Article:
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Open Access Case report

Takotsubo cardiomyopathy and transient thyrotoxicosis during combination therapy with interferon-alpha and ribavirin for chronic hepatitis C

Carmen Sorina Martin1, Luminita Nicoleta Ionescu2, Carmen Gabriela Barbu1, Anca Elena Sirbu1, Ioana Maria Lambrescu3, Ioana Smarandita Lacau4, Doina Ruxandra Dimulescu5 and Simona Vasilica Fica1*

Author Affiliations

1 Endocrinology Department, Carol Davila University of Medicine and Pharmacy, Elias University Hospital, 17 Marasti Blvd, sector 1, 011461 Bucharest, Romania

2 Cardiology Department, Elias University Hospital, 17 Marasti Blvd, sector 1, Bucharest, Romania

3 Endocrinology Department, Elias University Hospital, 17 Marasti Blvd, sector 1, Bucharest, Romania

4 Radiology Department, Hiperdia, 17 Marasti Blvd, sector 1, Bucharest, Romania

5 Cardiology Department, Carol Davila University of Medicine and Pharmacy, Elias University Hospital, 17 Marasti Blvd, sector 1, Bucharest, Romania

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BMC Endocrine Disorders 2014, 14:10  doi:10.1186/1472-6823-14-10

Published: 3 February 2014

Abstract

Background

Thyroid dysfunction is a common complication of chronic hepatitis C (CHC) and its therapy. Takotsubo cardiomyopathy (TCM) is a multifactorial, stress related cardiomyopathy, rarely reported in association with thyrotoxicosis. Simultaneous occurrence of TCM and thyrotoxicosis due to hepatitis C and its treatment has never been reported.

Case presentation

A 47-year-old woman was admitted for acute chest pain, dyspnea, palpitations and diaphoresis. She had been diagnosed with CHC and had undergone 7 months of IFNα and Ribavirin therapy. At admission electrocardiogram (ECG) showed ST segment elevation, negative T waves and troponin was elevated suggesting ST segment elevation myocardial infarction (STEMI). Echocardiography demonstrated left ventricular apical akinesia and ballooning, with a left ventricular ejection fraction (LVEF) of 35%. Contrast angiography showed normal epicardial coronaries, yet a ventriculogram revealed left ventricular apical ballooning, consistent with TCM. Cardiac MRI showed left ventricle apical ballooning and no late enhancement suggesting the absence of any edema, scar or fibrosis in the left myocardium. She was diagnosed with non-autoimmune destructive thyroiditis: TSH=0.001 mU/L, free T4=2.41 ng/dl, total T3=199 ng/dl and negative thyroid antibodies. The thyroid ultrasonography showed a diffuse small goiter, no nodules and normal vascularization of the parenchyma. Following supportive treatment she experienced a complete recovery after a few weeks and she successfully completed her antiviral treatment, with no thyroid or cardiovascular dysfunction ever since. In patients treated with IFNα for CHC, the prevalence of thyroid dysfunction varies between 2.5–45.3% of cases. TCM is a stress related cardiomyopathy characterized by elevated cardiac enzymes, normal coronary angiography and an acute, transient, left ventricular apical dysfunction that mimics myocardial infarction. Most of the patients survive the initial acute event, typically recover normal ventricular function within one to four weeks and have a favorable outcome, as was the case with our patient. Thyrotoxicosis induced stress cardiomyopathy is rare and has been mostly reported in association with Graves’ disease, thyroid storm, thyrotoxicosis factitia or following radioiodine therapy for toxic multinodular goiter.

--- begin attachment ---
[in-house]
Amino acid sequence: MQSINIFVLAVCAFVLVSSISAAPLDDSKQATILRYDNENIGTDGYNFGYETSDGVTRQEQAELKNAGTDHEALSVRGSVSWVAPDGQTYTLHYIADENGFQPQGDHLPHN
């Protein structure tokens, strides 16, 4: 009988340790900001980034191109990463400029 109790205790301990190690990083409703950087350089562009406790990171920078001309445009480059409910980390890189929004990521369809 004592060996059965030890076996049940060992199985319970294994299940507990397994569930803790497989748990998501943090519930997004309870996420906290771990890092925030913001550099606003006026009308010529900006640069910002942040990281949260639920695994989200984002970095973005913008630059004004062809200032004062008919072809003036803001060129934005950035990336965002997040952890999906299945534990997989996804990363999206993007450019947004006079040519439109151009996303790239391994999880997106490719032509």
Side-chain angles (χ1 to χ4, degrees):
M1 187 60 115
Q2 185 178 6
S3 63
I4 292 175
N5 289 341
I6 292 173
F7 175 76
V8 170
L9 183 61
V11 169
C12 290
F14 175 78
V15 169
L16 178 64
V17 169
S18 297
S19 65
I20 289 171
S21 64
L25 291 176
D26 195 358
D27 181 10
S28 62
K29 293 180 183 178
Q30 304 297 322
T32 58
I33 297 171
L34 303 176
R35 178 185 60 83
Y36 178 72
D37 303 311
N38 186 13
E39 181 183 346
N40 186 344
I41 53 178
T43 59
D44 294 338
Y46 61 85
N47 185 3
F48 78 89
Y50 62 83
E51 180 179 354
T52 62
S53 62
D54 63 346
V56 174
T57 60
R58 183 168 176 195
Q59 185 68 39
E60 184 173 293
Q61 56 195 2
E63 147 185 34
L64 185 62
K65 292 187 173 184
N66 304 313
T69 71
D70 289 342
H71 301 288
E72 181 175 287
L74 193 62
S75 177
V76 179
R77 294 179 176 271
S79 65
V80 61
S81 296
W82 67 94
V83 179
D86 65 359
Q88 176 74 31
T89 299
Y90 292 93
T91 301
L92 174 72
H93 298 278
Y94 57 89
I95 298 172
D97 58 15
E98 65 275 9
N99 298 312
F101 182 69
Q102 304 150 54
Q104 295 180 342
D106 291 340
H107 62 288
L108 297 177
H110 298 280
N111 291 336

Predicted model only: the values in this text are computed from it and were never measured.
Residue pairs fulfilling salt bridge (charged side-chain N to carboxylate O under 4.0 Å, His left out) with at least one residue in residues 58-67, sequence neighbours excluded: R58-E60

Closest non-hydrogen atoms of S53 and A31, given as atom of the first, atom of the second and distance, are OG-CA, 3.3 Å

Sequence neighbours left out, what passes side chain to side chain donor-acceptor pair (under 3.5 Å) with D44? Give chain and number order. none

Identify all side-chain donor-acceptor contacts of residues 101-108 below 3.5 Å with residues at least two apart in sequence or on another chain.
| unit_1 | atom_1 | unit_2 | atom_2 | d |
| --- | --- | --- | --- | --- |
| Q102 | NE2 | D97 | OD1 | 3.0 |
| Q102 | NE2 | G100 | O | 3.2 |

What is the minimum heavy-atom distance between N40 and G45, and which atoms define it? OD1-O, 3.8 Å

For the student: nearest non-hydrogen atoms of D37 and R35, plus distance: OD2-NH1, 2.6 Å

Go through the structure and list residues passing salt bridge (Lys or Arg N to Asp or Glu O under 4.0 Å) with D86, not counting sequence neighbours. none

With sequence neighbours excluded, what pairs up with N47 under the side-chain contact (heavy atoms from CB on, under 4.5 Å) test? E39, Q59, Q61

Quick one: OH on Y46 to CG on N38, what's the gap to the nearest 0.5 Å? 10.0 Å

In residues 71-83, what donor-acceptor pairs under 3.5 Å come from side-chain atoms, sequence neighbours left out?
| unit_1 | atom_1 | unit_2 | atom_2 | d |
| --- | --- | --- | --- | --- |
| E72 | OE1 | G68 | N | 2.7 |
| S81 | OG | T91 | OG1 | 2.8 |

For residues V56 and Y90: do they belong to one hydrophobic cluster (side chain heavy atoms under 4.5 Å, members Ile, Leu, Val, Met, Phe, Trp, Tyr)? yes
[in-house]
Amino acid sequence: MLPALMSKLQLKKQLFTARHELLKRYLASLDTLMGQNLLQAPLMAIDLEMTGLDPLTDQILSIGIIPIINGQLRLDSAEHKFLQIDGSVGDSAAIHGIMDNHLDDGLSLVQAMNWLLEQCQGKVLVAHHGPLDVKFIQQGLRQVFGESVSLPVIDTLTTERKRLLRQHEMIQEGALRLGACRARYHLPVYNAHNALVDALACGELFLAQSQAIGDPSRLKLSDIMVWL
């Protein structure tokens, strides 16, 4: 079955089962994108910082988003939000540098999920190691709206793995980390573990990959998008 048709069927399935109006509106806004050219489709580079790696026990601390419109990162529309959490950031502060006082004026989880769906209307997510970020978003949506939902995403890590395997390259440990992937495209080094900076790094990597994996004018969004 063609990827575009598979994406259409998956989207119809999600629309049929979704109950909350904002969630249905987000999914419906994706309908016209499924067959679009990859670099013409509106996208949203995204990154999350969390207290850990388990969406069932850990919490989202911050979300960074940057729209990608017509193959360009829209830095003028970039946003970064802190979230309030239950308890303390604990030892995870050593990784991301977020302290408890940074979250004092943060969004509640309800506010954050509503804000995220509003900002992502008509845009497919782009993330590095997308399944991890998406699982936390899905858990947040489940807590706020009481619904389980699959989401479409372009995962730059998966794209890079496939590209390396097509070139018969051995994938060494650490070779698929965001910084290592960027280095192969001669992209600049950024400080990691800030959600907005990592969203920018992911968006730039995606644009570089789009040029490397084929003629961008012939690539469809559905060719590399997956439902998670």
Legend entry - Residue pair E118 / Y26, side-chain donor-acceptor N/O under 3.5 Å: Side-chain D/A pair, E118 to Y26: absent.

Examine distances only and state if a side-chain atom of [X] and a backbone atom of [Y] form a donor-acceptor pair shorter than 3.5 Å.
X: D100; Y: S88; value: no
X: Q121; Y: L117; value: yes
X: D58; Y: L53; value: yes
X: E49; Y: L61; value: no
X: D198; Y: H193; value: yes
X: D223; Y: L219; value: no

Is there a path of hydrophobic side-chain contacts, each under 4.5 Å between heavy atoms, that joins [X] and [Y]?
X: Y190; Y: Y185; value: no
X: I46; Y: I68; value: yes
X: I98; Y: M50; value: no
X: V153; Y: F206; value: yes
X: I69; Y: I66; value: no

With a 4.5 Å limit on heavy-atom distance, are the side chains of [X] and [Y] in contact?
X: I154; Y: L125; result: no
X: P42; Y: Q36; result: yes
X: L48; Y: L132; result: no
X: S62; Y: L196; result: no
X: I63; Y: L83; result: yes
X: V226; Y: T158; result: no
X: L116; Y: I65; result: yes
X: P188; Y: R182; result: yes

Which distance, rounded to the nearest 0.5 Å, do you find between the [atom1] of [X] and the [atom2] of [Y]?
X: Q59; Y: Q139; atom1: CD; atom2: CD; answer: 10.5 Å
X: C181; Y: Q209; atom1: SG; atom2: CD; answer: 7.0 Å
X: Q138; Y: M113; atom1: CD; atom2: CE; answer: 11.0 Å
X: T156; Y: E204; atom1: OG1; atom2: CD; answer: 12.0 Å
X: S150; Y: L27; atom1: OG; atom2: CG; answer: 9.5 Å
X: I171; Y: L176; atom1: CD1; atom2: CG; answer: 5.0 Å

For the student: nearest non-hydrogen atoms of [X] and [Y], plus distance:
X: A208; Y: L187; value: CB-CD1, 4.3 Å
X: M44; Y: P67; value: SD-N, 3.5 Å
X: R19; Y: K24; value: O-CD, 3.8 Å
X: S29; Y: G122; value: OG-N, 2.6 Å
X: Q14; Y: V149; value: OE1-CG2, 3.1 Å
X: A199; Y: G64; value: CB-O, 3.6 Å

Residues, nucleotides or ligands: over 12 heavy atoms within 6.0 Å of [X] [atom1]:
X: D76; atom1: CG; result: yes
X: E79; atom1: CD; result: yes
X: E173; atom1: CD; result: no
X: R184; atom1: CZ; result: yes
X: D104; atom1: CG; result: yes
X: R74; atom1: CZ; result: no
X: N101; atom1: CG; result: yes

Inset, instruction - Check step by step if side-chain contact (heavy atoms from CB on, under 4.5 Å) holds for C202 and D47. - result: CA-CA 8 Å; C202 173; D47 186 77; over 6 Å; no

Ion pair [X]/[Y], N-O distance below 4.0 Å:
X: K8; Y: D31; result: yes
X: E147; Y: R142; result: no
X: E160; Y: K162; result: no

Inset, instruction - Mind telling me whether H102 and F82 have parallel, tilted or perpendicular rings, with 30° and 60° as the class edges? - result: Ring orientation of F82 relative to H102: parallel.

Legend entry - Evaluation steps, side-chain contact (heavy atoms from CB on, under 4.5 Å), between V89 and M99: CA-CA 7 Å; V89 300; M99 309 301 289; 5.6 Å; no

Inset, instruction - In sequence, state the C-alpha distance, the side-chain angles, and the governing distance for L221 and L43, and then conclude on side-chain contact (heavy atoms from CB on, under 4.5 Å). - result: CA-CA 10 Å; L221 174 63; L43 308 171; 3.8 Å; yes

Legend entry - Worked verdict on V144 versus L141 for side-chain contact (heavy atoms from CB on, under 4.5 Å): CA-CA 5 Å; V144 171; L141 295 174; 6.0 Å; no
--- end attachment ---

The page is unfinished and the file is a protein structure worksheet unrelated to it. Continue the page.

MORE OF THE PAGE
Conclusion

Routine thyroid screening should be done in patients receiving IFN-alpha and Ribavirin for CHC and thyrotoxicosis should be considered as a possible and treatable underlying cause of TCM.

Keywords:
Takotsubo cardiomyopathy; Thyrotoxicosis; Chronic hepatitis C; Interferon-alpha; Ribavirin